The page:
Over a decade ago, UK landscape architects and playground designers took a fresh look at the provision of natural, unsupervised play for children in cities. Documents such as Design for Play: a guide to creating successful play spaces (Department for Culture, Media and Sport, 2008) highlighted enlightened approaches to play provision, offering children intriguing spaces where they can use their imagination to initiate their own play.
This is just one child friendly consideration among many for leisure, housing, and public realm projects. Children are a huge demographic part of cities: a quarter of London’s population is under 18. Yet, as Dinah Bornat, Co-Founder of ZCD Architects has pointed out, “children are largely unrepresented in urban development policy and practice”.
Erect Architecture is a practice that takes child friendly design seriously and it engages with children as stakeholders across their many projects. It has been involved with a variety of local authority play initiatives, including the London Borough of Camden’s Active Spaces project. This is a groundbreaking public health initiative to encourage physical activity among pupils by giving schools more challenging and intriguing play areas.
One of Erect Architecture’s best known play projects was the award winning and enticingly chaotic looking adventure park at the Kilburn Grange Centre. Centred upon playing in and around trees, its recycled doors open onto perpetually changing routes and spaces.
It is engagement with the end users that produced such successful results. Pupils were asked what they wanted in their play areas.
“The challenge was how to engage the children that were less active, a bit more timid, and to allow younger children to be heard by the older pupils,” recalls Susanne Tutsch, one of Erect’s Directors. A game was invented in which dreams and wishes were literally thrown between groups to break down barriers and encourage discussion.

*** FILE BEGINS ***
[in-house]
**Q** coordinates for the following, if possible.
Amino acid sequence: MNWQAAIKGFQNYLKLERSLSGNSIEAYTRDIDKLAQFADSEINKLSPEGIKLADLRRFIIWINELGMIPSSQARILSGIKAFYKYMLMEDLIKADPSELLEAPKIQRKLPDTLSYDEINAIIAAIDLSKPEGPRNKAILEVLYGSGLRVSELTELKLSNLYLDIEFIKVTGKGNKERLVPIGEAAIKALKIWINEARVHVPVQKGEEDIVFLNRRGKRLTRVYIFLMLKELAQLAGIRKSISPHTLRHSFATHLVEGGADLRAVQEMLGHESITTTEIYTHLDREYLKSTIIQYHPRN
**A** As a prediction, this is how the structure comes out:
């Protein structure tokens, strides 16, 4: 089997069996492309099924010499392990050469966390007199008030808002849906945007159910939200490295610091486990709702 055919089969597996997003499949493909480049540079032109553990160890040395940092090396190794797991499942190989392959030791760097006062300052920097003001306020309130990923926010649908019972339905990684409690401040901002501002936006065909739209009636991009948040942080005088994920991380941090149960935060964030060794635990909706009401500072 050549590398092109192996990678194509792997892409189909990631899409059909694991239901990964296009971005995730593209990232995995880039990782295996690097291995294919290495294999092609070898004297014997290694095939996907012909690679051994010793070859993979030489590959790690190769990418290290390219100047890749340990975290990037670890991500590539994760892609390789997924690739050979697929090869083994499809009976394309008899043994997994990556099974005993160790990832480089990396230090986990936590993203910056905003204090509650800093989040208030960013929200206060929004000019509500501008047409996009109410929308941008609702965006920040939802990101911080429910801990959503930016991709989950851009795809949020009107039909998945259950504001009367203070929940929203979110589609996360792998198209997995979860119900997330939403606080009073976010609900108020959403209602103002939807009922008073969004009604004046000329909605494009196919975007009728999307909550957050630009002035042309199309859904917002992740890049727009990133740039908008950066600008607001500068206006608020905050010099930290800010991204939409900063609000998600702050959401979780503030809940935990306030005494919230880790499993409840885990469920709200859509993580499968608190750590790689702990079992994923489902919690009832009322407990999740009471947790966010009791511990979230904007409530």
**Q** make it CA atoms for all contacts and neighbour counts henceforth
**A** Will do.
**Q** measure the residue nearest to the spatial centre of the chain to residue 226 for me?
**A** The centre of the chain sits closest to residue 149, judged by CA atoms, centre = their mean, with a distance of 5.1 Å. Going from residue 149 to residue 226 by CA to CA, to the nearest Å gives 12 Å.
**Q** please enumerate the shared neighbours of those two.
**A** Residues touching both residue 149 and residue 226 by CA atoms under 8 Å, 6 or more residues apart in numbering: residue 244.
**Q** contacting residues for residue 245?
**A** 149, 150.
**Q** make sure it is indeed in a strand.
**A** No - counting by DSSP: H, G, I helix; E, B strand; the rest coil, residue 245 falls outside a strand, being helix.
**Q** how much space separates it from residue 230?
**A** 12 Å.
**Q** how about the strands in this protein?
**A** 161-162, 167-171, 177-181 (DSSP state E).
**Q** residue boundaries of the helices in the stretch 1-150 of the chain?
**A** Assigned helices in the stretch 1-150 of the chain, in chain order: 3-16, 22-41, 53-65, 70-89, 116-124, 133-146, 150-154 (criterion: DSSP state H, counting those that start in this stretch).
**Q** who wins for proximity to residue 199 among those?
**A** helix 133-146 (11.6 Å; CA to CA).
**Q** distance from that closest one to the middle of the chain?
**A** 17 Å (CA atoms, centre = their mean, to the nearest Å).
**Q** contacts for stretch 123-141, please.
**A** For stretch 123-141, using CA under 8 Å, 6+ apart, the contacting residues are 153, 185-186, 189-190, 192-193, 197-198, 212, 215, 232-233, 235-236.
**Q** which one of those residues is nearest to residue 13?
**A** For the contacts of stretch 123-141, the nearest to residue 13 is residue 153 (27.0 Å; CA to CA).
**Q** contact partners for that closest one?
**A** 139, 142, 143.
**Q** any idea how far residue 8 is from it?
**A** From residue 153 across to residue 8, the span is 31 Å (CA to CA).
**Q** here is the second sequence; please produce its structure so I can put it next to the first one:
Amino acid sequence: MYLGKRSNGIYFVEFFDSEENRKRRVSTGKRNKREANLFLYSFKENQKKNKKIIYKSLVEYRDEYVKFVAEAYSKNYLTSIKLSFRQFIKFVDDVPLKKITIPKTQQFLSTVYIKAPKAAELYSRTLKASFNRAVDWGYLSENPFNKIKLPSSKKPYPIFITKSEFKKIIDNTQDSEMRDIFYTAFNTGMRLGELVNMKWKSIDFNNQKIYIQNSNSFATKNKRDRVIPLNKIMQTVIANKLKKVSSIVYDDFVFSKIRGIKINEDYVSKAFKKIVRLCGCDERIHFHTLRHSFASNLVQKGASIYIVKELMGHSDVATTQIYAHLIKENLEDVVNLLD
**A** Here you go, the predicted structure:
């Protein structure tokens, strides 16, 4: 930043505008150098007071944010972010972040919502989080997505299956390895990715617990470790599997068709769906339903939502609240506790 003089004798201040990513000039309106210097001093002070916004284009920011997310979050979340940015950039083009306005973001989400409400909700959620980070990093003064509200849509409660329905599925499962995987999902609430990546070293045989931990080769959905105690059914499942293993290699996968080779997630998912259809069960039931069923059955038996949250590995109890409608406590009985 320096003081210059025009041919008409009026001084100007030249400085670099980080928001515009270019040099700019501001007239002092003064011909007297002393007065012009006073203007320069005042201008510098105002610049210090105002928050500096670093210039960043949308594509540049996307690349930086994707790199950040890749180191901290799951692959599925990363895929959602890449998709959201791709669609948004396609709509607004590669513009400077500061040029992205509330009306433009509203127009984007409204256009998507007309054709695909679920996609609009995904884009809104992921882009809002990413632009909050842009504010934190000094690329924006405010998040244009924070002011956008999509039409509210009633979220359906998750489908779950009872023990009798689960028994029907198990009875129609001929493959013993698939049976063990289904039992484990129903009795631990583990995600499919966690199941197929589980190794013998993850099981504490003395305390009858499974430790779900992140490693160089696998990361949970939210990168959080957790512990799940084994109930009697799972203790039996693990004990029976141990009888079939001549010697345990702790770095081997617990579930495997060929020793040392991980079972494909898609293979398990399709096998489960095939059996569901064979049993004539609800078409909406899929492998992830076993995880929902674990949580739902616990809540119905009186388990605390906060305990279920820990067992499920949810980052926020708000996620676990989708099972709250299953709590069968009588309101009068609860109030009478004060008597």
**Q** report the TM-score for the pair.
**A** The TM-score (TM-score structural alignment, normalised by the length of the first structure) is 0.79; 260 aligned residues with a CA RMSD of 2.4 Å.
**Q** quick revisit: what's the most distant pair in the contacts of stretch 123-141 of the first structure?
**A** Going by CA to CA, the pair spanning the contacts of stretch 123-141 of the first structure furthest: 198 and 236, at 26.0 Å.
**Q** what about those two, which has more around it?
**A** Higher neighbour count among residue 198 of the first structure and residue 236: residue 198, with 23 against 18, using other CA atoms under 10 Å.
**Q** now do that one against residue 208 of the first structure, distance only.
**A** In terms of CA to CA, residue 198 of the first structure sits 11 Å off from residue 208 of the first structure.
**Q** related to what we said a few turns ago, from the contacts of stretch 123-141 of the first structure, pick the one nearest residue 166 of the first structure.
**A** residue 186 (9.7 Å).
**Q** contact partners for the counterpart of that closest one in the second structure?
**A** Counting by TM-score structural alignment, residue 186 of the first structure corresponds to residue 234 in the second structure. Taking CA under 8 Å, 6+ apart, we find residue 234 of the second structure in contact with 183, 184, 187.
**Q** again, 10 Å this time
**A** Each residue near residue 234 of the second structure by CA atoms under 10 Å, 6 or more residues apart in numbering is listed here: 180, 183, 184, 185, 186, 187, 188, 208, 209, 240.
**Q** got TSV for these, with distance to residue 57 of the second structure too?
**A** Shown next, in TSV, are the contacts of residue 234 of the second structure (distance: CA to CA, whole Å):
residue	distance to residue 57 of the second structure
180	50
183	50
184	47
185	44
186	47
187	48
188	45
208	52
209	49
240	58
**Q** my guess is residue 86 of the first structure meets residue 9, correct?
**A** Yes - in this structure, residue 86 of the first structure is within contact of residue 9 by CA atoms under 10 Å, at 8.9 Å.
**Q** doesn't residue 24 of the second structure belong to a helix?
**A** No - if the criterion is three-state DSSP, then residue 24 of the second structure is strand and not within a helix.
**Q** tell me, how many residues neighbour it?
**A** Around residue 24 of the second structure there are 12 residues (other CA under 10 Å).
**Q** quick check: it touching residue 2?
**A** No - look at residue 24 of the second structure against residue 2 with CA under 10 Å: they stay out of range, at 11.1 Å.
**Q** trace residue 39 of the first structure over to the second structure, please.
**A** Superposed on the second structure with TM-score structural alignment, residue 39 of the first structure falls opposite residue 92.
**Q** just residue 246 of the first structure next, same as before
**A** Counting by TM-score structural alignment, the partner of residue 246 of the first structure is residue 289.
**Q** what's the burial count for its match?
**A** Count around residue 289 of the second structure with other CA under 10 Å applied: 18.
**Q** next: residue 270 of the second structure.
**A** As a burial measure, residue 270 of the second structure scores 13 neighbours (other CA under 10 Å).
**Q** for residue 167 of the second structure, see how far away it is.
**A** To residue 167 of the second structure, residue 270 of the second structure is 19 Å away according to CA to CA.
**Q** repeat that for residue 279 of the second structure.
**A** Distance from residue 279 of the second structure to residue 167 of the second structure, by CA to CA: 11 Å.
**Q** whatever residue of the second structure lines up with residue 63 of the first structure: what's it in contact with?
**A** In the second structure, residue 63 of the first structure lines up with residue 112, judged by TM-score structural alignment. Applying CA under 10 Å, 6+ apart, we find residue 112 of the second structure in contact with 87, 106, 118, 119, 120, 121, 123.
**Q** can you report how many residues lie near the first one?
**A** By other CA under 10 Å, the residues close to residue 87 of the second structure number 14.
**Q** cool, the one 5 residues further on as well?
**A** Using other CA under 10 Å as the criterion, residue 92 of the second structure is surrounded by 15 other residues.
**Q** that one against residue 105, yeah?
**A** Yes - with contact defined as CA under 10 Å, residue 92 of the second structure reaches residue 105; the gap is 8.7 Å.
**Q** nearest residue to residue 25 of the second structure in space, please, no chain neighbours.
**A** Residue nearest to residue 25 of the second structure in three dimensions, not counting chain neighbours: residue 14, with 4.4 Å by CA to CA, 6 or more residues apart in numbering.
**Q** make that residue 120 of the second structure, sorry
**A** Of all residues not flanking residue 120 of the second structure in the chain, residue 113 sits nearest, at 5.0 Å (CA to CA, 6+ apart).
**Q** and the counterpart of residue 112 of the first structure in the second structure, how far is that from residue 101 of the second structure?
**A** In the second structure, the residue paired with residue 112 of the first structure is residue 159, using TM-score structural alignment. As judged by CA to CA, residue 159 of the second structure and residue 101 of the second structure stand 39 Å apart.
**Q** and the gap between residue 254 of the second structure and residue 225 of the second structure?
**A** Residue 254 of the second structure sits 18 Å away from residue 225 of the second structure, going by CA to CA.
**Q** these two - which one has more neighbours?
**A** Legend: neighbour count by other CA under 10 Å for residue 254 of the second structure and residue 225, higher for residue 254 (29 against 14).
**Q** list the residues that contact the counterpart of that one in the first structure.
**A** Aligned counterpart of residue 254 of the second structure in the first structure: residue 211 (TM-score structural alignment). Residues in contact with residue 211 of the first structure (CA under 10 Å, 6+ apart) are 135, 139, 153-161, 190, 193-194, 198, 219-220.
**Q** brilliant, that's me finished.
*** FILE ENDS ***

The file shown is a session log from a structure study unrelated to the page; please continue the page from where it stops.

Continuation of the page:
The practice is also responsible, with landscape architect LUC, for ‘Tumbling Bay’, the play area embedded in the landscape setting of London’s Olympic Park.
There are rules to designing even the wildest looking adventure area. The benchmark for play facilities is BS EN 1176/77, which governs safety concerns such as the maximum fall height allowed. Every play facility then has to be signed off by a local authority safety inspector.
Deviations from the British Standard are allowed, but only if a Risk Benefit Assessment is carried out and a judgement taken to allow for more controlled risk in return for increased play value.
Tutsch says that this is a challenge in practice, because there are few safety officers both qualified and willing to go down this route for more adventurous bespoke play areas.
Designing these kinds of environments clearly has plenty of logistical challenges, but also presents opportunities for imaginative and thoughtful architects. Play and its place in urban design will be coming to the fore in London, and possibly further afield with the release of new supplementary planning guidance (SPG) from the Greater London Authority in the new year.
Erect Architecture has been working with lead consultant Publica on this guidance, identifying exemplary case studies.
London boroughs are already informed by SPG from 2012 entitled ‘Shaping Neighbourhoods: Play and informal recreation’, but Tutsch describes the current guidance as unsatisfactory: it takes a by the numbers approach to play provision while failing to address the quality.
“The new SPG will take a more holistic approach and will not be limited to playgrounds,” she says. “It will look more at what makes a play friendly city, at children’s independent mobility, at how they can move around unsupervised and have more access to self-initiated play.”
Susanne Tutsch and Dinah Bornat will be talking about ‘Promoting a child friendly city’ on the CPD day of the RIBA’s Guerrilla Tactics 2019 conference on 6 November 2019.
Thanks to Susanne Tutsch, Director, Erect Architecture.
Text by Neal Morris. This is a Professional Feature edited by the RIBA Practice team. Send us your feedback and ideas.
RIBA Core Curriculum Topic: Architecture for social purpose.
As part of the flexible RIBA CPD programme, Professional Features count as microlearning. See further information on the updated RIBA CPD Core Curriculum and on fulfilling your CPD requirements as an RIBA Chartered Member.
Posted on 31 October 2019.